Anytime you’ve been in a group, especially at work or
school, you’ve probably been subjected to some ridiculous team building
activities that were really boring, not affective, or both. If team exercises
are done right, they can be beneficial and non-painful. What does it take for
true team building and what types of things can you do that will actually work?
One idea is back to back drawing. Break the group up into
pairs and have them sit on the floor. Give one partner a simple image and the
other partner a pen and paper. Ask the person holding the image to give verbal
instructions to their partner on how to draw it; then have them compare it to
the actual image. This will reveal how well the employees can communicate
verbally, how well they listen to instructions, and any potential communication
issues that can be related to more important scenarios.
Another activity could be a survival scenario. Tell the
group that their airplane has crashed and they are stuck on a lifeboat in the
ocean and they can take 12 items with them to survive on an island. They need
to decide amongst themselves what they will take. Listen to how they decide and
rank items. What seems important to them? Do they work together and compromise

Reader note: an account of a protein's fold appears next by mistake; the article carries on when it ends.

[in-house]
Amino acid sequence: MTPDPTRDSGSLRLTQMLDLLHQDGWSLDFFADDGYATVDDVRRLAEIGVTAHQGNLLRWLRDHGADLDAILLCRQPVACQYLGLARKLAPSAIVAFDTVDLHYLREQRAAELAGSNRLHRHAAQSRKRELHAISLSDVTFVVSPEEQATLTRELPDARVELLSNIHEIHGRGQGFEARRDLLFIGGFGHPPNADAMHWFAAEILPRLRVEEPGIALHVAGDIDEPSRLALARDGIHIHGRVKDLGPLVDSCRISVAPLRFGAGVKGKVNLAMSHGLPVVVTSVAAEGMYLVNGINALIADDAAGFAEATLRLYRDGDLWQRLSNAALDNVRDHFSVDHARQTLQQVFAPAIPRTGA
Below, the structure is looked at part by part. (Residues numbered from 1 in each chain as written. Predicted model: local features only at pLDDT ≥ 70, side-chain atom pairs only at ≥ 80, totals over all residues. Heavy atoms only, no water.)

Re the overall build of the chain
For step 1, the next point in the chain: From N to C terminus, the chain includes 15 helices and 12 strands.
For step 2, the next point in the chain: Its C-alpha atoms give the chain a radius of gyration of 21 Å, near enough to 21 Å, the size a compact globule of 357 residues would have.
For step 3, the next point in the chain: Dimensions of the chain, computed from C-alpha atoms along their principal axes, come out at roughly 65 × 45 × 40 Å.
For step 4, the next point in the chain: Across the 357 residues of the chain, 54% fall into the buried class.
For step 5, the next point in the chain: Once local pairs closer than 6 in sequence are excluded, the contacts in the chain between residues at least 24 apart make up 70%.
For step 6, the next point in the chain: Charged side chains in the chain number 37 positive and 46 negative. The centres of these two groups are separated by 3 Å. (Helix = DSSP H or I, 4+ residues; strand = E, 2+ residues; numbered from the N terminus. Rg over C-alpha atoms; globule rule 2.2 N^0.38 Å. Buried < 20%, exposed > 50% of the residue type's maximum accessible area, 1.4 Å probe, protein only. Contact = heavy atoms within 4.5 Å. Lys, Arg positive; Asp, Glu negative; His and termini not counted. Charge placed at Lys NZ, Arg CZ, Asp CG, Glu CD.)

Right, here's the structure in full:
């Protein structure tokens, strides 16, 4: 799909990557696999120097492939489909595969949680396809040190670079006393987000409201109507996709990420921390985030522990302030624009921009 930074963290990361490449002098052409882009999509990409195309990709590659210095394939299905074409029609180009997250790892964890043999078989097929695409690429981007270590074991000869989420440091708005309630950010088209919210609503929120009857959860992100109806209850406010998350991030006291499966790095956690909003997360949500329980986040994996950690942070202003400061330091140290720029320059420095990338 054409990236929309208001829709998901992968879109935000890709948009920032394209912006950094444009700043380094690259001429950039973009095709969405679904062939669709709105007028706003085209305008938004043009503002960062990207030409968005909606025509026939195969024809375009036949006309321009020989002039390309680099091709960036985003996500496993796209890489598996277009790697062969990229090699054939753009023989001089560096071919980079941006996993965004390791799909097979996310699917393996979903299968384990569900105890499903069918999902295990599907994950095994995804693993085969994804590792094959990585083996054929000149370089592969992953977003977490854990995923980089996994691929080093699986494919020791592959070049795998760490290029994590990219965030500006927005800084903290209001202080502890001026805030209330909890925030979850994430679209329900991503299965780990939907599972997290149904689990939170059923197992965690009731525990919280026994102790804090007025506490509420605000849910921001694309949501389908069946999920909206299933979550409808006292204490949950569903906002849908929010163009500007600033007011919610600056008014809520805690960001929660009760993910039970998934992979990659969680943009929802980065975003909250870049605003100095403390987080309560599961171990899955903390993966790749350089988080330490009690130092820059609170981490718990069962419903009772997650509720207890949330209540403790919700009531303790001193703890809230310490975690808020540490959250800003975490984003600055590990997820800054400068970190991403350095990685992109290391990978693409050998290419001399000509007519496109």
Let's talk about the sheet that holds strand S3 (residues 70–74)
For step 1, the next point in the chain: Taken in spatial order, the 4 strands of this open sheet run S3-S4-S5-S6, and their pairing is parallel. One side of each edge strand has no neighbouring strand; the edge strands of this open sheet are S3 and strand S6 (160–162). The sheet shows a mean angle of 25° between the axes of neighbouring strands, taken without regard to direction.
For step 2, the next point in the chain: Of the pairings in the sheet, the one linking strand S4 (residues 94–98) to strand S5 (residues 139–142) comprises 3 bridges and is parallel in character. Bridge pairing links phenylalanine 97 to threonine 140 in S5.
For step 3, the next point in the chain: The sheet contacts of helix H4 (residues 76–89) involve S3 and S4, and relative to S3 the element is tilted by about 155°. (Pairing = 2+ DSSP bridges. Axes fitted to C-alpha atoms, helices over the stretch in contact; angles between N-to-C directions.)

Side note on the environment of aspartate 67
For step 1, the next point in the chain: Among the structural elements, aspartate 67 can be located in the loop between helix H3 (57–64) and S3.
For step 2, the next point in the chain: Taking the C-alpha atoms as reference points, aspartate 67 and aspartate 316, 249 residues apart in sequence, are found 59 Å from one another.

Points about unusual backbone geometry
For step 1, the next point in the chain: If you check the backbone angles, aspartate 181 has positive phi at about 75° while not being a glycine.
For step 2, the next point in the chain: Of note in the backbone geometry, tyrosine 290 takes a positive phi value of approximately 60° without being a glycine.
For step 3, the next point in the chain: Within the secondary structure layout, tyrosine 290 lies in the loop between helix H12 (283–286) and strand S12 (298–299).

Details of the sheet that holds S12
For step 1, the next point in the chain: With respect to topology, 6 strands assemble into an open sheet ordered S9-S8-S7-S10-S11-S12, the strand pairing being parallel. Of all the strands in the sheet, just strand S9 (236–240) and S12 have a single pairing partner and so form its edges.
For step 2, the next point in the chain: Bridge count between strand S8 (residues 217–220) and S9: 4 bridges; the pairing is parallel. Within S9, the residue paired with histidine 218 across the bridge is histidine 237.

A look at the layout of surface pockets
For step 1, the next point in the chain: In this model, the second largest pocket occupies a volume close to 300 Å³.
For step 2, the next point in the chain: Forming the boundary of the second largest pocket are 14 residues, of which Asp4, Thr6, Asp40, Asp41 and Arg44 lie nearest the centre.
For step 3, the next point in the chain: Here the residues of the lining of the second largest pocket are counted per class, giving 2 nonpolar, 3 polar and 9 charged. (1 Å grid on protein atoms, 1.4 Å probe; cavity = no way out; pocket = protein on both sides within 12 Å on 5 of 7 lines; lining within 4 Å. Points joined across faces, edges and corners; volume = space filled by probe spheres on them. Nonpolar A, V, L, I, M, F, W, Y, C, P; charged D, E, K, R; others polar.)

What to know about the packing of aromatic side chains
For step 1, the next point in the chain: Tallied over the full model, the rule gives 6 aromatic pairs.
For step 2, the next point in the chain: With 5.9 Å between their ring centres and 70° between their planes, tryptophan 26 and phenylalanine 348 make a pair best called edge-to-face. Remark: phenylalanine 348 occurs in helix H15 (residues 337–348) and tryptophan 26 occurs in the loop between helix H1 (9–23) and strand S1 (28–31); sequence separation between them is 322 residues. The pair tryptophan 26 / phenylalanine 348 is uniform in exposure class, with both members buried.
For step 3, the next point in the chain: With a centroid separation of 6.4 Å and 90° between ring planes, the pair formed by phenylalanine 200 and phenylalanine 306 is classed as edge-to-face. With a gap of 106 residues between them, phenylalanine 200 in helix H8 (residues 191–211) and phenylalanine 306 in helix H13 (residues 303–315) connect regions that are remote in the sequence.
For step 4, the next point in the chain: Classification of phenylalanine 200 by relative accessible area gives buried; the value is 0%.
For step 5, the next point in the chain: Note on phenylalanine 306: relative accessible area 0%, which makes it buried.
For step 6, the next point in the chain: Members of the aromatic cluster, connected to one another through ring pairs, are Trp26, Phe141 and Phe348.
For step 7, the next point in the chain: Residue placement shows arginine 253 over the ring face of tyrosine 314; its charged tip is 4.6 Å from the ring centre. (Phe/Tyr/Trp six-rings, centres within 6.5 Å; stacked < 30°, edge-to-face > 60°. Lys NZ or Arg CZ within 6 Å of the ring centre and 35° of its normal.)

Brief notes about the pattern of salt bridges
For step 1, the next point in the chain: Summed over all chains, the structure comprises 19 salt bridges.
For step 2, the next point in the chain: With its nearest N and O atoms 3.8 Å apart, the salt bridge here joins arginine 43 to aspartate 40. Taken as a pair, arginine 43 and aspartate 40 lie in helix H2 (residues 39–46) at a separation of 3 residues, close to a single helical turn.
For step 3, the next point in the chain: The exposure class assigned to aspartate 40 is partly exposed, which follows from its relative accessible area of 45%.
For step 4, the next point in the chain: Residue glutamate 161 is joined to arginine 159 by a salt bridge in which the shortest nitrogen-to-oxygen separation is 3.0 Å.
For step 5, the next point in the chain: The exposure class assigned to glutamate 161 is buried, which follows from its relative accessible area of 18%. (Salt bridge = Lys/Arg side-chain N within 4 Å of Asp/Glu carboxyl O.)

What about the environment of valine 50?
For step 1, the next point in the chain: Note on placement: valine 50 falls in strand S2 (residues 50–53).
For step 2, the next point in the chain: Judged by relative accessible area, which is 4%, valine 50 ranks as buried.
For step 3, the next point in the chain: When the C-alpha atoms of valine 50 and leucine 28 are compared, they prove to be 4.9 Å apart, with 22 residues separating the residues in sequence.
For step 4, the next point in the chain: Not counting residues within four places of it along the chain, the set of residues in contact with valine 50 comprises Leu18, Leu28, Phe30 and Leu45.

or do they argue? This activity promotes interaction and agreement.
The stereotype party is a way to eliminate labeling. Write
different professions on nametags and tape them to people’s backs. Then have
everyone ask stereotype based questions of other people: Am I a man/woman? Am I
an entertainer? Do I make a lot of money? Only allow yes or no answers and see
if anyone can guess what their roles are. This will help people realize that there can
be misconceived notions about certain roles and they should be open to
characteristics that don’t always fit the stereotype.
One thing that won’t work is to only do these activities
once or a twice a year. You should incorporate them more often (and as your
team gets to know each other, they can be more task related), maybe once a
month. This should be a continuous process that has “refresher courses” every
now and then.
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